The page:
From the Publisher: This book traces the evolution of White House news management during America’s changing media environment over the past two decades. Comparing and contrasting the communication strategies of Bill Clinton, George W. Bush, Barack Obama, and Donald Trump, it demonstrates the difficulty that all presidents have in controlling their messages despite a seemingly endless array of new media outlets and the great advantages of the office. That difficulty is compounded by new media’s amplification of presidential character traits for good or ill. Facebook, Twitter, and YouTube notwithstanding, presidential power still resides in the “power to persuade,” and that task remains a steep challenge.The book also looks at the media strategies of candidates during the 2016 presidential campaign and covers the early phase of the Trump administration, the first true Twitter presidency. More information C-Span interview on "Presidential Communication and Character"
Professor Stephen Farnsworth of the University of Mary Washington said that Bernie Sanders waited to endorse Hillary Clinton as a deliberate strategy to push the Democratic Party and Hillary Clinton in a more liberal direction. Although he fell short of securing the party’s presidential nomination, Sanders succeeded in drawing a lot of attention to his key issue areas, including improved health care, more affordable higher education, and a $15 an hour minimum wage, Farnsworth said.
Stephen Farnsworth, professor of political science and director of the University’s Center for Leadership and Media Studies, delivered a lecture titled “Virginia’s Candidate Selection Process: Examining Recent Primaries and Conventions” at the American Legion Boys’ State of Virginia at Radford University on Monday, June 20.
The week-long government education program brings together nearly 700 of the state’s top high school students for a week of political conversation and simulations.
Stephen Farnsworth, professor of political science and director of the University’s Center for Leadership and Media Studies, is the author of an opinion column entitled, “How Gerrymandering cost Virginia its Medicaid Expansion,” published in the Washington Post on Jan. 18. The column incorporates the results of a recent UMW statewide poll of Virginians.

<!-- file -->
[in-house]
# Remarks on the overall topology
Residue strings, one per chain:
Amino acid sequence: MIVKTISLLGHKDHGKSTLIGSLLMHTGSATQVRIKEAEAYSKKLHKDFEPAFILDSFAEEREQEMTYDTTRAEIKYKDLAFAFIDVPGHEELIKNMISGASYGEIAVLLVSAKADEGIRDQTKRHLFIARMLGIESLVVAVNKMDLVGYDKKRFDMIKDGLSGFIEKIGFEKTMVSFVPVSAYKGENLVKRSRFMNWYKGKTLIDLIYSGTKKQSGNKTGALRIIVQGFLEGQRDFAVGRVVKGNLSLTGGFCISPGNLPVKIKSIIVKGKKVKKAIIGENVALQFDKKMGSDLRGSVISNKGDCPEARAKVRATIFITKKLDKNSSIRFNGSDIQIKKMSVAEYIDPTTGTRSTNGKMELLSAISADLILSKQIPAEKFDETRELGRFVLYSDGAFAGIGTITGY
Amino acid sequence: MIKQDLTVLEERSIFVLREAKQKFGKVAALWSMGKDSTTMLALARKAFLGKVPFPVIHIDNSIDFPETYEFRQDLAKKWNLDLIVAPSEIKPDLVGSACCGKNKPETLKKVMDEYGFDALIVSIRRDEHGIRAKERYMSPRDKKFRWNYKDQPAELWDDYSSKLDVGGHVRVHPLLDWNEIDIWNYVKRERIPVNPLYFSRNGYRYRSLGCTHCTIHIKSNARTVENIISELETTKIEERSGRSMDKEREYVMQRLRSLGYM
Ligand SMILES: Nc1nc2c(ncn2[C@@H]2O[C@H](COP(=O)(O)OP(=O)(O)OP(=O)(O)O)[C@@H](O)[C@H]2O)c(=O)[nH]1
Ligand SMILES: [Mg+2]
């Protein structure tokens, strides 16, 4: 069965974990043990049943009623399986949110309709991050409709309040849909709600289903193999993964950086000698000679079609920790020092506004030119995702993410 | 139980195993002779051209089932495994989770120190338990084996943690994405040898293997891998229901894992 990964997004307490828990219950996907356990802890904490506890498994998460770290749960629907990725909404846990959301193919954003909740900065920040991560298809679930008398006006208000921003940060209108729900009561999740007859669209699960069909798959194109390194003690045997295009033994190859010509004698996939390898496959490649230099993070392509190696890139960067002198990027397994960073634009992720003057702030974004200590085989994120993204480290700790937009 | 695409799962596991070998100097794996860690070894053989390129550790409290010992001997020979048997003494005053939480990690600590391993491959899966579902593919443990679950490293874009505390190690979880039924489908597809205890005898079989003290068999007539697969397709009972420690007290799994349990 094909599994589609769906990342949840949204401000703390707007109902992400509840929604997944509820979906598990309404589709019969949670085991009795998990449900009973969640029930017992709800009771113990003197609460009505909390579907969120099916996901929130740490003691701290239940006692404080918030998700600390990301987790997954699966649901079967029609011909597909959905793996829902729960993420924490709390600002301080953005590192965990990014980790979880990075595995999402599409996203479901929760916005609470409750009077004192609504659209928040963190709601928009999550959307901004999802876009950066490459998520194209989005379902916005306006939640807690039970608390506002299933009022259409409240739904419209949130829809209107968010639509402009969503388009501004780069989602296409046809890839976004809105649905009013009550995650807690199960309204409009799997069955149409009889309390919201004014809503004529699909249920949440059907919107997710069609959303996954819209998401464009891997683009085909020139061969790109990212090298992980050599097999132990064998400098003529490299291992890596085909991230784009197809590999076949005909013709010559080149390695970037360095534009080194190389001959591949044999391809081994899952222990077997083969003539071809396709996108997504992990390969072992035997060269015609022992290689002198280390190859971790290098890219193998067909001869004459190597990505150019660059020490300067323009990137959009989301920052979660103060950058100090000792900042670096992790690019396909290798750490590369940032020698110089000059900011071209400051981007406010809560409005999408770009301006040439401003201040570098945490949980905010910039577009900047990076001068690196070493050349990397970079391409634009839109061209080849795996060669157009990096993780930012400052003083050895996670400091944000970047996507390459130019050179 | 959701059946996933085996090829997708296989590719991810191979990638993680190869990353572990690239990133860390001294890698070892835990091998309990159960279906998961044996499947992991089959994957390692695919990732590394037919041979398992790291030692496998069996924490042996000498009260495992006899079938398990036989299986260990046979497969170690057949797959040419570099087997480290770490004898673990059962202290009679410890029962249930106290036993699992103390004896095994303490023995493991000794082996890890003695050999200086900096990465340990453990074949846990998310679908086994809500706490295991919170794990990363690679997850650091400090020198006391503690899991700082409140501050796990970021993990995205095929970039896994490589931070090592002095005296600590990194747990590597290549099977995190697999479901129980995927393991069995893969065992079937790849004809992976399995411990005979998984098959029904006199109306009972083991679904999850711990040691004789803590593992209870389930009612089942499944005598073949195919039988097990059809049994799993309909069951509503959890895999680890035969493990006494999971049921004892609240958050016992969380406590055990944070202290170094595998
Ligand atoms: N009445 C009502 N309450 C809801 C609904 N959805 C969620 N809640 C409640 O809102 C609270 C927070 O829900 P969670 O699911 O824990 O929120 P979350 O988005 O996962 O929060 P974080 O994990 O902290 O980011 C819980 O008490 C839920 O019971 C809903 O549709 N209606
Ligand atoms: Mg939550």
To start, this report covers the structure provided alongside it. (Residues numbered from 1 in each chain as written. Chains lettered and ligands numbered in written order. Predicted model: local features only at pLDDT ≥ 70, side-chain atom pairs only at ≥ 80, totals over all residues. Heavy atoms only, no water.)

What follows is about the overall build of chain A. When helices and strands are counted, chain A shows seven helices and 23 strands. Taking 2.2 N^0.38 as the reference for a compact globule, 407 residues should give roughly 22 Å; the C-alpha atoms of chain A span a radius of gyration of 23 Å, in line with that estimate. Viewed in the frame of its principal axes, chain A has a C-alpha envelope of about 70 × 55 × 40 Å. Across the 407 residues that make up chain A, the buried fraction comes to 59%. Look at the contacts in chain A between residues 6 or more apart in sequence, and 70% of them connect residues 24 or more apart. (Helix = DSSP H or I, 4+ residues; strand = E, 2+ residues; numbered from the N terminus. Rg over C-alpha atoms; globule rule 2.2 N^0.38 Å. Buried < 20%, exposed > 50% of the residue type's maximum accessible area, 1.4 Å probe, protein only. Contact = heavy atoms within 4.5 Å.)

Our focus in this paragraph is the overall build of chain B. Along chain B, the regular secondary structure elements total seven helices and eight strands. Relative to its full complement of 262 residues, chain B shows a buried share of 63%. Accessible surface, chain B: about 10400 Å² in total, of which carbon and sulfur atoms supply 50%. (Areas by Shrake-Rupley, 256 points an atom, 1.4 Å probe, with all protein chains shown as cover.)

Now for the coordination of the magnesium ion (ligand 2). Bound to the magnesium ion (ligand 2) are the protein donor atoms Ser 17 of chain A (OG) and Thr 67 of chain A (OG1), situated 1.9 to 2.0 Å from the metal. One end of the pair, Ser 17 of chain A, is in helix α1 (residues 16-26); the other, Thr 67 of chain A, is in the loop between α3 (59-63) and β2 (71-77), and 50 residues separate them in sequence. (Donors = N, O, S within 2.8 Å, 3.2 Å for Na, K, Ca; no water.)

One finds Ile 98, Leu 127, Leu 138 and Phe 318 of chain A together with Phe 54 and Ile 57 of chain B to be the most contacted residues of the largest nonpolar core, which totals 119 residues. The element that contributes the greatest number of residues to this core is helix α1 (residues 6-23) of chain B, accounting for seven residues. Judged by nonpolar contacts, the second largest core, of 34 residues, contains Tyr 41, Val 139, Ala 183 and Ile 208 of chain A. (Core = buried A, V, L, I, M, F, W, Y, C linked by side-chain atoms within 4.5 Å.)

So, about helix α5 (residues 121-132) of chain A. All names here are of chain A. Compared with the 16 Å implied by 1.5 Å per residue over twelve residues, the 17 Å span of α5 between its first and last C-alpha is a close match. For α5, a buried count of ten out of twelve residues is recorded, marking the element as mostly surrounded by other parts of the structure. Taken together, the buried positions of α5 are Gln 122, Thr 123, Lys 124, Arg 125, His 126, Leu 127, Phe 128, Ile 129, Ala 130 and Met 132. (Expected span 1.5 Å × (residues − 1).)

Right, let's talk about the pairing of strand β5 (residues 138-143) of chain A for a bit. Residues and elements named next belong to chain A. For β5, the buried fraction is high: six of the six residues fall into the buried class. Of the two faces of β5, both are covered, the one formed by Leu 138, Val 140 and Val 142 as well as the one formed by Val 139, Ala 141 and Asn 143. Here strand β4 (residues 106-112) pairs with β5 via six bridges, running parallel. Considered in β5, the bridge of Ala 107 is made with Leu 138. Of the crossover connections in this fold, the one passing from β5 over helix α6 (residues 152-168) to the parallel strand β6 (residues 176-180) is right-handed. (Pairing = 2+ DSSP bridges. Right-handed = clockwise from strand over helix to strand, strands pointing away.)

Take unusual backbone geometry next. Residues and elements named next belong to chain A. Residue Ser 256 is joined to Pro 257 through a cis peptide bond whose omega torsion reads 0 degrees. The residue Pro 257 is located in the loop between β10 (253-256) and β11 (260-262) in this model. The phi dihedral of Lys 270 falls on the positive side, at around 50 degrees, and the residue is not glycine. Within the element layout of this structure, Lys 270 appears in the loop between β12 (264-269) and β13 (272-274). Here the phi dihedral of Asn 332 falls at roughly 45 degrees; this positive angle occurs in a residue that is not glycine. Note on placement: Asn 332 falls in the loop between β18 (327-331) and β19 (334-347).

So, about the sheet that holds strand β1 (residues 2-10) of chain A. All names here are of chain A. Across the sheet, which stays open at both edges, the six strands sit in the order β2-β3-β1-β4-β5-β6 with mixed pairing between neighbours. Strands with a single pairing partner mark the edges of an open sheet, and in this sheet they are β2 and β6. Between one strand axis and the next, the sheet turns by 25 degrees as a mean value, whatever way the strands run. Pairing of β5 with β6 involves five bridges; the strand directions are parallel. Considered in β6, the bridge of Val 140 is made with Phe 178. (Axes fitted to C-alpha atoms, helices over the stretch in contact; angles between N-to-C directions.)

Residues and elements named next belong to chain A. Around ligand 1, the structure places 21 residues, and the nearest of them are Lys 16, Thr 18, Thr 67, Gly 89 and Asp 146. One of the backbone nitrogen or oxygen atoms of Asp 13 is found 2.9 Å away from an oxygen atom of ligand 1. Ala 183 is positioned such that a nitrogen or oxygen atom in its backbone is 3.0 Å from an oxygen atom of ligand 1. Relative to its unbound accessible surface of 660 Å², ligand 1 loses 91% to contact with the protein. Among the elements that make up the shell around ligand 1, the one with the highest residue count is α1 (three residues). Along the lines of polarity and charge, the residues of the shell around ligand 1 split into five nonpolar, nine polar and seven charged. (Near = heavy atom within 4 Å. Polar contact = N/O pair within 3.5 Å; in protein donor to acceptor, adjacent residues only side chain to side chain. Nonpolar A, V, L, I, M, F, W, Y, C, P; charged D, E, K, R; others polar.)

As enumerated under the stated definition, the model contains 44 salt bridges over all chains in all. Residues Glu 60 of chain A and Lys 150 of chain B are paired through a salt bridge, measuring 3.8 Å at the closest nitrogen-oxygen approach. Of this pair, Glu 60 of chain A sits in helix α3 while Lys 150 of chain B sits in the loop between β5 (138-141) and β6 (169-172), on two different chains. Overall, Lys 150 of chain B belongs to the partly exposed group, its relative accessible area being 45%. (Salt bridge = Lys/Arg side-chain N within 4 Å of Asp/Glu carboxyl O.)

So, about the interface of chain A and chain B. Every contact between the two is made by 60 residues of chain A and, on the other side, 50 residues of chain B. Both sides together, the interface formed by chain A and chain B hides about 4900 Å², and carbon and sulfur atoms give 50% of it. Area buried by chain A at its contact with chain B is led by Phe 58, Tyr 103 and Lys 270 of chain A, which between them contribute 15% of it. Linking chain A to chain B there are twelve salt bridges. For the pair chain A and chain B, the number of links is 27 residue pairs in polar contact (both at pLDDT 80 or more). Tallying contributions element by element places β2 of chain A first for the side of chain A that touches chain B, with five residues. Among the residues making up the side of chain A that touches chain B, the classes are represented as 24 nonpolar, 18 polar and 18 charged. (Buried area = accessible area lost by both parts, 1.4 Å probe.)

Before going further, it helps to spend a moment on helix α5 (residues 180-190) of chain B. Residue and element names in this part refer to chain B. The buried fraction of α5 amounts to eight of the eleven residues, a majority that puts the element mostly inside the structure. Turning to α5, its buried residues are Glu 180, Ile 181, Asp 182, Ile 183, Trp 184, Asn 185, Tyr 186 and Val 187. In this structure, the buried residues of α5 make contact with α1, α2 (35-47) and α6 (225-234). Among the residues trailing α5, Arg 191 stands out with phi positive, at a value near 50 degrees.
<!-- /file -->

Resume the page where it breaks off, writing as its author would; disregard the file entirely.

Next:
Stephen Farnsworth, professor of political science and director of the University’s Center for Leadership and Media Studies, has appeared in a number of media outlets discussing the sentencing of former Governor Bob McDonnell over his federal corruption conviction as well as the start of the 2015 Virginia legislative session, including the Washington Post, National Public Radio, WUSA-TV, WJLA-TV, the Richmond-Times Dispatch, and Reuters.
Stephen Farnsworth, professor of political science and director of the University’s Center for Leadership and Media Studies, gave four recent public lectures on the 2014 U.S. and Virginia elections: to the Virginia Business Forum in Richmond, to the Fredericksburg Regional Alliance, to Mary Washington ElderStudy and to the Fredericksburg area Unitarian Universalists.
In addition, Farnsworth appeared in a number of media outlets discussing the results of the recent midterm elections, including the “Washington Post,” the “Richmond-Times Dispatch,” “Talking Points Memo,” the “Virginian Pilot,” WJLA-TV, and WAMU-FM, the Washington area National Public Radio affiliate.